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News: 2009

Parking Lot Nears Completion

Parking Lot Nears Completion

Construction of the new Arboretum parking lot is nearing completion and is now open for vehicle parking. Landscaping and lighting installation remain to be completed. From the new parking lot, visitors will be able to access the greater part of the Arboretum's plant collection via a paved handicapable trail that will parallel the Valley Road and end in the Heath Cove. This feature will further improve access to the Arboretum for not only those with a handicap, but for those who might have difficulty walking and for parents with baby strollers.

Partial funding for the new parking lot has come from the same source as the funds for trail improvements - the Tennessee Department of Conservation, Recreational Trails Program.

Arboretum Society Spring Plant Sale

Arboretum Society Spring Plant Sale Shoppers at the Arboretum Society Plant Sale (Saturday, April 25, 2009) filled their wagons with colorful azaleas, Japanese maples, and many other choice plants. In the photo at right, courtesy of Charles Samuels (Society volunteer), life-member Peggy Turner tallies up one sale attendee's purchases. All proceeds from the plant sale are used to support the mission and programs at the University of Tennessee Arboretum.

Switchgrass Comes to the Arboretum

Controlled Hillside Burning

Well, not exactly. Actually, we've had switchgrass at the Arboretum for many years. The hillside just beyond the dwarf conifer collection was planted with a mixture of native warm season grasses in 1994, following the loss of a stand of pine trees from the tornado. The hillside was too steep to mow and was left barren after the clean-up. Evaluating this situation, a decision was made to plant grasses to demonstrate their conservation and wildlife benefit. Managing these grasses is easy. Each year we have simply used a controlled fire to burn the field, thus favoring these fire adapted grass species. Over time switchgrass has gained the advantage over the other grass species and now dominates this site.

Switchgrass Hillside Planting Since the days of considering switchgrass solely as a grass for soil conservation and wildlife it has gained favor as a biofuel feed stock. Our humble hillside planting was far from what folks are thinking about for the commercial production of switchgrass. There is something more sinister afoot that makes this field of major interest to our UT researchers - rust and fungus diseases! It seems that switchgrass is not as disease-free as previously thought, and we just happen have a great (if you can call it "great") example of "what can go wrong, will go wrong!"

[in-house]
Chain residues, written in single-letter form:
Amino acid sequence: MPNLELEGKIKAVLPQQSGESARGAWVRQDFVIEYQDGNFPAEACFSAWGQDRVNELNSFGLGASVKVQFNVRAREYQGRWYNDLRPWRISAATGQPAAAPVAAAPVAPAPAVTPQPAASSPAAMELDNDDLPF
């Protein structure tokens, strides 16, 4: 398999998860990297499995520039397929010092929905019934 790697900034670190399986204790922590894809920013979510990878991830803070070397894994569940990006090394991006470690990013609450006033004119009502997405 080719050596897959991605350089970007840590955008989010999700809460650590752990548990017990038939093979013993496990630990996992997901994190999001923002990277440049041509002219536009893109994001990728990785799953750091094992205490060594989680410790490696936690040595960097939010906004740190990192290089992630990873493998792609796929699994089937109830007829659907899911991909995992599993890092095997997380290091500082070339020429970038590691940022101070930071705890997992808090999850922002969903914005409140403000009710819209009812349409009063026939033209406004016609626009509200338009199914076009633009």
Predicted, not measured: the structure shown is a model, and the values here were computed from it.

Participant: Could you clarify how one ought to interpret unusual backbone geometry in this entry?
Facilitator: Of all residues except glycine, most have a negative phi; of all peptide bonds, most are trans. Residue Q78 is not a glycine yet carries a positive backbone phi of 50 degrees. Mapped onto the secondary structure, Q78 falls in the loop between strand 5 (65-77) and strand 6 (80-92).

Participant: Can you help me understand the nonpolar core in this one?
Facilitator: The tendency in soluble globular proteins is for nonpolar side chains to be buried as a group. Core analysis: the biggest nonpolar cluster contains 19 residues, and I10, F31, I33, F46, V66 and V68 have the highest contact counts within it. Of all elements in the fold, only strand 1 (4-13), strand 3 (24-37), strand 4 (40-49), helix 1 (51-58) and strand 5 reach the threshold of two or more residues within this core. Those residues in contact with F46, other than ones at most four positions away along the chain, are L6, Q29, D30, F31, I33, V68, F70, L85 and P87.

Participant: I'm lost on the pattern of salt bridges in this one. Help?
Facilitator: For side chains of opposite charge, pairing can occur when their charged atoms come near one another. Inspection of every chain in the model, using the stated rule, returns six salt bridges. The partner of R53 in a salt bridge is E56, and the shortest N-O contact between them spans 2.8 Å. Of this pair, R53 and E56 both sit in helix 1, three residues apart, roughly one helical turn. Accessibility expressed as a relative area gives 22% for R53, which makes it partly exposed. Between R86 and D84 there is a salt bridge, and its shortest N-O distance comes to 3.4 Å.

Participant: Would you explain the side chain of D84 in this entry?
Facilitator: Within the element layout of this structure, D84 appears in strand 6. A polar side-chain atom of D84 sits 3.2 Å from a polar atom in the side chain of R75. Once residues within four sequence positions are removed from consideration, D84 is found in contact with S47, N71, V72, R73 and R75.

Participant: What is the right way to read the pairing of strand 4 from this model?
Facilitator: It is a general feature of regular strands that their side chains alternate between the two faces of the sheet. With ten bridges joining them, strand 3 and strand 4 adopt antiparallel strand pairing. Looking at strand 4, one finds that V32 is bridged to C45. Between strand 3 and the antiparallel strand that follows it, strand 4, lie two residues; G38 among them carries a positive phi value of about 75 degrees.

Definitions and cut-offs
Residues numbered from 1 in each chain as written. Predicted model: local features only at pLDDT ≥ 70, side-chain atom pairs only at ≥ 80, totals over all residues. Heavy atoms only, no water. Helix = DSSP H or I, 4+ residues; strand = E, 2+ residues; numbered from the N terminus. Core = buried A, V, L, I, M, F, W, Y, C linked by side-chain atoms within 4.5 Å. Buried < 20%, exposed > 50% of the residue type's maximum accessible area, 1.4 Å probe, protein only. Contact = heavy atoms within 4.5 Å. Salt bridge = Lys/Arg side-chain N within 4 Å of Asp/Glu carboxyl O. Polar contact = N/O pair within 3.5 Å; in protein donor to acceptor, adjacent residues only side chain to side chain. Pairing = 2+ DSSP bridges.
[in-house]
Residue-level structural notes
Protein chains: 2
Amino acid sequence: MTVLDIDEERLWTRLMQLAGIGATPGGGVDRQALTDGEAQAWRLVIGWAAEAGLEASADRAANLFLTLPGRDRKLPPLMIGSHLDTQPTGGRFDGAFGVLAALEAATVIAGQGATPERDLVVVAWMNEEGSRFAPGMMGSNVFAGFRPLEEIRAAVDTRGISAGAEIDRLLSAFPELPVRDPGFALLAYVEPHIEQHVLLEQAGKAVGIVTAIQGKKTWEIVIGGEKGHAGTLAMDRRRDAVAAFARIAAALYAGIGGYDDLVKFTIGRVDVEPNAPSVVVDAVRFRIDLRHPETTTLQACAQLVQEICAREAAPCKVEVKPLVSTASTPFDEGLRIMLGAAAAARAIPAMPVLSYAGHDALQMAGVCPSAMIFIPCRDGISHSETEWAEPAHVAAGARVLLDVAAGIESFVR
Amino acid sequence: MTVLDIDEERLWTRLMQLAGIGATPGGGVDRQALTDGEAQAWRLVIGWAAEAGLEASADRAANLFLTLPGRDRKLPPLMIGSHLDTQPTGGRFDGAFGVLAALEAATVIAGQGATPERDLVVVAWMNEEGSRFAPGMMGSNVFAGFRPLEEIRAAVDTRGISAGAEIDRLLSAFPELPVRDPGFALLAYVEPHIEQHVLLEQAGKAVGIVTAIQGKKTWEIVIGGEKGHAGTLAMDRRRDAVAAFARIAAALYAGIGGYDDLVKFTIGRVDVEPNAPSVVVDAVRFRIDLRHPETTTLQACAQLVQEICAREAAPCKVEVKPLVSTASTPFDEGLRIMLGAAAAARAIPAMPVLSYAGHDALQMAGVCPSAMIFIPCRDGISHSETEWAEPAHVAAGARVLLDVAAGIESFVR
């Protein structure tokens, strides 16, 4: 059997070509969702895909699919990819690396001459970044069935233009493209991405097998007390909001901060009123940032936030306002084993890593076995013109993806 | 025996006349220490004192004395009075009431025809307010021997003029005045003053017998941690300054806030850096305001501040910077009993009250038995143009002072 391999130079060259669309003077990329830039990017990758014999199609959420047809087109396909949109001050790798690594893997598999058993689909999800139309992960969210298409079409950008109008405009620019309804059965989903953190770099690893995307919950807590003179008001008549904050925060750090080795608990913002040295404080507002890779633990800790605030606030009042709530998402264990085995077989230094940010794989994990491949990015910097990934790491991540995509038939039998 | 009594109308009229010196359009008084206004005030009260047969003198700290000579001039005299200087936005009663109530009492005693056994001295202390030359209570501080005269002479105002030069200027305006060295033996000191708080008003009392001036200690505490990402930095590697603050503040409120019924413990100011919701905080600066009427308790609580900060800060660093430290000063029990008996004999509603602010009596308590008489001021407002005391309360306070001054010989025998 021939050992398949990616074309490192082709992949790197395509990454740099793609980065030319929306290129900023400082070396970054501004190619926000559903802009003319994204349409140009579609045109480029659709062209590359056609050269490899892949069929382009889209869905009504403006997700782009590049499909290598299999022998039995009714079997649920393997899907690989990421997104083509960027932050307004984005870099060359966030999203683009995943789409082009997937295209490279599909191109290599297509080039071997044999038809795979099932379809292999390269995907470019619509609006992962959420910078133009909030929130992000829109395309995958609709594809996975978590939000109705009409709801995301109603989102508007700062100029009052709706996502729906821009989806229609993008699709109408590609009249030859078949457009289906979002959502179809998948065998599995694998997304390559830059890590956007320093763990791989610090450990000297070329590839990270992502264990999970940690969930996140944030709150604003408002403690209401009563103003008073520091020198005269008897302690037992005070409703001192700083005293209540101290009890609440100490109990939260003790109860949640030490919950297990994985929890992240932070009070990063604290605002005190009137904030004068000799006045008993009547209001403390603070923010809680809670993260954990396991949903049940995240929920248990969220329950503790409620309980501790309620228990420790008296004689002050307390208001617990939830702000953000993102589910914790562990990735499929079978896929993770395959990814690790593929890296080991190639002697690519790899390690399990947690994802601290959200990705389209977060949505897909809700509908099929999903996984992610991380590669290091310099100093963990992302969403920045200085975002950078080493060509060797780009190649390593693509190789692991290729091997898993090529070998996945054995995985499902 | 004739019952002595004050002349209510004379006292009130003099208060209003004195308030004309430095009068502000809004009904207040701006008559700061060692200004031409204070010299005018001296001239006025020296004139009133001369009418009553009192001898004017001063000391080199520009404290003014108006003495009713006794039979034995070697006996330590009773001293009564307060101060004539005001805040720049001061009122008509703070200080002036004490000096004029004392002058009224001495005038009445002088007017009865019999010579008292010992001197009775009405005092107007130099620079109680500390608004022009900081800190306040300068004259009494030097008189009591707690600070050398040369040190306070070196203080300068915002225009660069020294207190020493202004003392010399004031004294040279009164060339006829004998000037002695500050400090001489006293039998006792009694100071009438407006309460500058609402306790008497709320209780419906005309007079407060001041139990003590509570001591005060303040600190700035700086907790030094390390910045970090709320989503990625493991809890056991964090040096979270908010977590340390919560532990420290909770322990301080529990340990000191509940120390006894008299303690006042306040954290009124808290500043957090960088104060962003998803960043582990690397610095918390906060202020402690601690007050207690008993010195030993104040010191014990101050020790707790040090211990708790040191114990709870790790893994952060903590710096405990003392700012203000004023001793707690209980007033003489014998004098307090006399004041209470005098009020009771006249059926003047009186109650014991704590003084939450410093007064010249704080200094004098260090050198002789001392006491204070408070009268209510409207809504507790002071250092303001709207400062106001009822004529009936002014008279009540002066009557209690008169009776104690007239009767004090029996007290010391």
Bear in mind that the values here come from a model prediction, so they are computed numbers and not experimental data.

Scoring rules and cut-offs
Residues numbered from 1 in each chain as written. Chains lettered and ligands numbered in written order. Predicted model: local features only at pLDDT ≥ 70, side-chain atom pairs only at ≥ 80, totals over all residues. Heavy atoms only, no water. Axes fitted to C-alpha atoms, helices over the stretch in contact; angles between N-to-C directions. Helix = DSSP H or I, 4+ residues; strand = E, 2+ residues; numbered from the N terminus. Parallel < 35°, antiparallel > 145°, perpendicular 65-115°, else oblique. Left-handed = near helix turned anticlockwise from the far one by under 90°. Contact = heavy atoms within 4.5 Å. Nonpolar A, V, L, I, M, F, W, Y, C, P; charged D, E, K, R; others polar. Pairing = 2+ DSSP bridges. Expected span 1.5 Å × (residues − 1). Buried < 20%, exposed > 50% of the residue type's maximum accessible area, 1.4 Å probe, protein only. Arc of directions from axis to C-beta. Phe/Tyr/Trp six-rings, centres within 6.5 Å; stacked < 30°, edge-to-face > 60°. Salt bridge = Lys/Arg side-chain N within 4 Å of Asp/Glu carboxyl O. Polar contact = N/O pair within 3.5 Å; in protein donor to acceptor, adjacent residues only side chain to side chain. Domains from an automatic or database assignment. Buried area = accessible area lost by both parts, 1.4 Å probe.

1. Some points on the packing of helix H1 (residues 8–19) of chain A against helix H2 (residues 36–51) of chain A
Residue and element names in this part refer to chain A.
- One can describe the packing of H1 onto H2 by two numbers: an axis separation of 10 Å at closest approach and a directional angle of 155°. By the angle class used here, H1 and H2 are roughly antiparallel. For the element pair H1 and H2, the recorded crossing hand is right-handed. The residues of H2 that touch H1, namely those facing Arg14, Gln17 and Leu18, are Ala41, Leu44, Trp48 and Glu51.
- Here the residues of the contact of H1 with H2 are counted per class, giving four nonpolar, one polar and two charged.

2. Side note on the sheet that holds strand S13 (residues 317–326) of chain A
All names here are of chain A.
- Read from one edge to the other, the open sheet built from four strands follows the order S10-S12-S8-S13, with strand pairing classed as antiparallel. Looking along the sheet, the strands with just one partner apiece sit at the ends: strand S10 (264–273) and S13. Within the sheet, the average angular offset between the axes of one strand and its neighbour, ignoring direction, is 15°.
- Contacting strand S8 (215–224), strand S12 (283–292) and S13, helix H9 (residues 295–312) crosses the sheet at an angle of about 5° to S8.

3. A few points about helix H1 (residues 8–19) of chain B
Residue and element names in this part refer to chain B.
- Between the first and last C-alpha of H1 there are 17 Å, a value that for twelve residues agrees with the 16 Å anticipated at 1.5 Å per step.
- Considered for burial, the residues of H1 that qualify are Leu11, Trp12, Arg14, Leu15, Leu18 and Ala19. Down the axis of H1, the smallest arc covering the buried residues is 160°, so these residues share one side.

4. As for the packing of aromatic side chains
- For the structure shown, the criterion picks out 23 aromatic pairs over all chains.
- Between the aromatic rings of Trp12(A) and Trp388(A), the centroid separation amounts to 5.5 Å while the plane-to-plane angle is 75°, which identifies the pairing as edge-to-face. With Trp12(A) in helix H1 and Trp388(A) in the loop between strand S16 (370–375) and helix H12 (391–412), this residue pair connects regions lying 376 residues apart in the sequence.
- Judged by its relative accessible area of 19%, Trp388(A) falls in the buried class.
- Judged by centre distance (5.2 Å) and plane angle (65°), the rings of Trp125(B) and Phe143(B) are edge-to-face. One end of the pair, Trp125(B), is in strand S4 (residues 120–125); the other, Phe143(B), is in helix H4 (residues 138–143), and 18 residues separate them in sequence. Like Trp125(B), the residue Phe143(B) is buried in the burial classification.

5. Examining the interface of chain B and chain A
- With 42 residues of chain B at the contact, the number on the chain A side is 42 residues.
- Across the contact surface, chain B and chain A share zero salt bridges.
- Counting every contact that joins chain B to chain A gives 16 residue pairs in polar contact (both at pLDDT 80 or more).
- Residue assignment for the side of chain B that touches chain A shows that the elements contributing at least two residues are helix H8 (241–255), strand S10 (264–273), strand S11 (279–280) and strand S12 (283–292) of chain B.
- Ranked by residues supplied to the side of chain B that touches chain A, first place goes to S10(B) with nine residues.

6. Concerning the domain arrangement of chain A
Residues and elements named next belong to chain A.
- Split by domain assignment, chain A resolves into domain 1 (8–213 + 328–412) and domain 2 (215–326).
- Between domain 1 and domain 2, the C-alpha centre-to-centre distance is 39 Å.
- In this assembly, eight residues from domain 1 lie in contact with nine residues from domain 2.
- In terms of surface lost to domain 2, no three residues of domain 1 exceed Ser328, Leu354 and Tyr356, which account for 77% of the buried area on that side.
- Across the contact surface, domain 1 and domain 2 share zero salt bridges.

Having diseased switchgrass in a research facility like the UT Arboretum is like having gold! Throughout the summer, UT plant scientists have been knocking down our door to get samples that might show signs of disease resistance. Besides the commercial varieties of switchgrass used for biofuel production, there are several varieties that are cultivated for their ornamental characteristics. It has been observed that some of the ornamental forms show signs of resistance to diseases that plague commercial varieties. Putting two-and-two together, our researchers have devised a scheme to challenge the ornamental varieties by planting them in an environment where the diseases are obviously present.

All of this leads to the main point of the story. This spring the UT Arboretum will be one of the University's test locations for switchgrass disease. Over seventeen different ornamental varieties of switchgrass will be planted in the vicinity of the hillside switchgrass area to begin this research initiative. Although arboreta are mostly about woody plants, we welcome this new feature as an example of how we can play a role in bettering our lives through science, and at the same time relish in the beauty of plants.

Thailand Students Visit the Arboretum

Thailand Student Visitors In an exchange program between the University of Tennessee Institute of Agriculture with the Kasetsart University in Thailand, students recently toured the University of Tennessee Arboretum in Oak Ridge. Kasetsart University has over 53,000 students enrolled in many fields of study. In 1917, it was the first Thailand institute to begin offering post-secondary educational programs in agriculture. The exchange program with the University of Tennessee has been in effect for several decades. In the photo at left, Richard Evans, Forest Resources Center and Arboretum Director, explains some of the Arboretum's tree research projects to the visiting students.

UT Arboretum Society Fall Plant Sale

Fall Plant Sale The Society held its annual Fall Plant Sale on Saturday, October 10. Many plant treasures were found by participants who were looking for garden and landscaping specimens suitable for fall planting.

UT Arboretum Society "Owl Prowl"

Owl Prowl

The "Prowl" has become a favorite for all ages! Over 100 people attended this evening event on Saturday, October 24, 2010, to enjoy the "guest" owls brought by the Raptor Society and to look for "resident" owls in the woods of the UT Arboretum.

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University of Tennessee - Forest Resources AgResearch and Education Center
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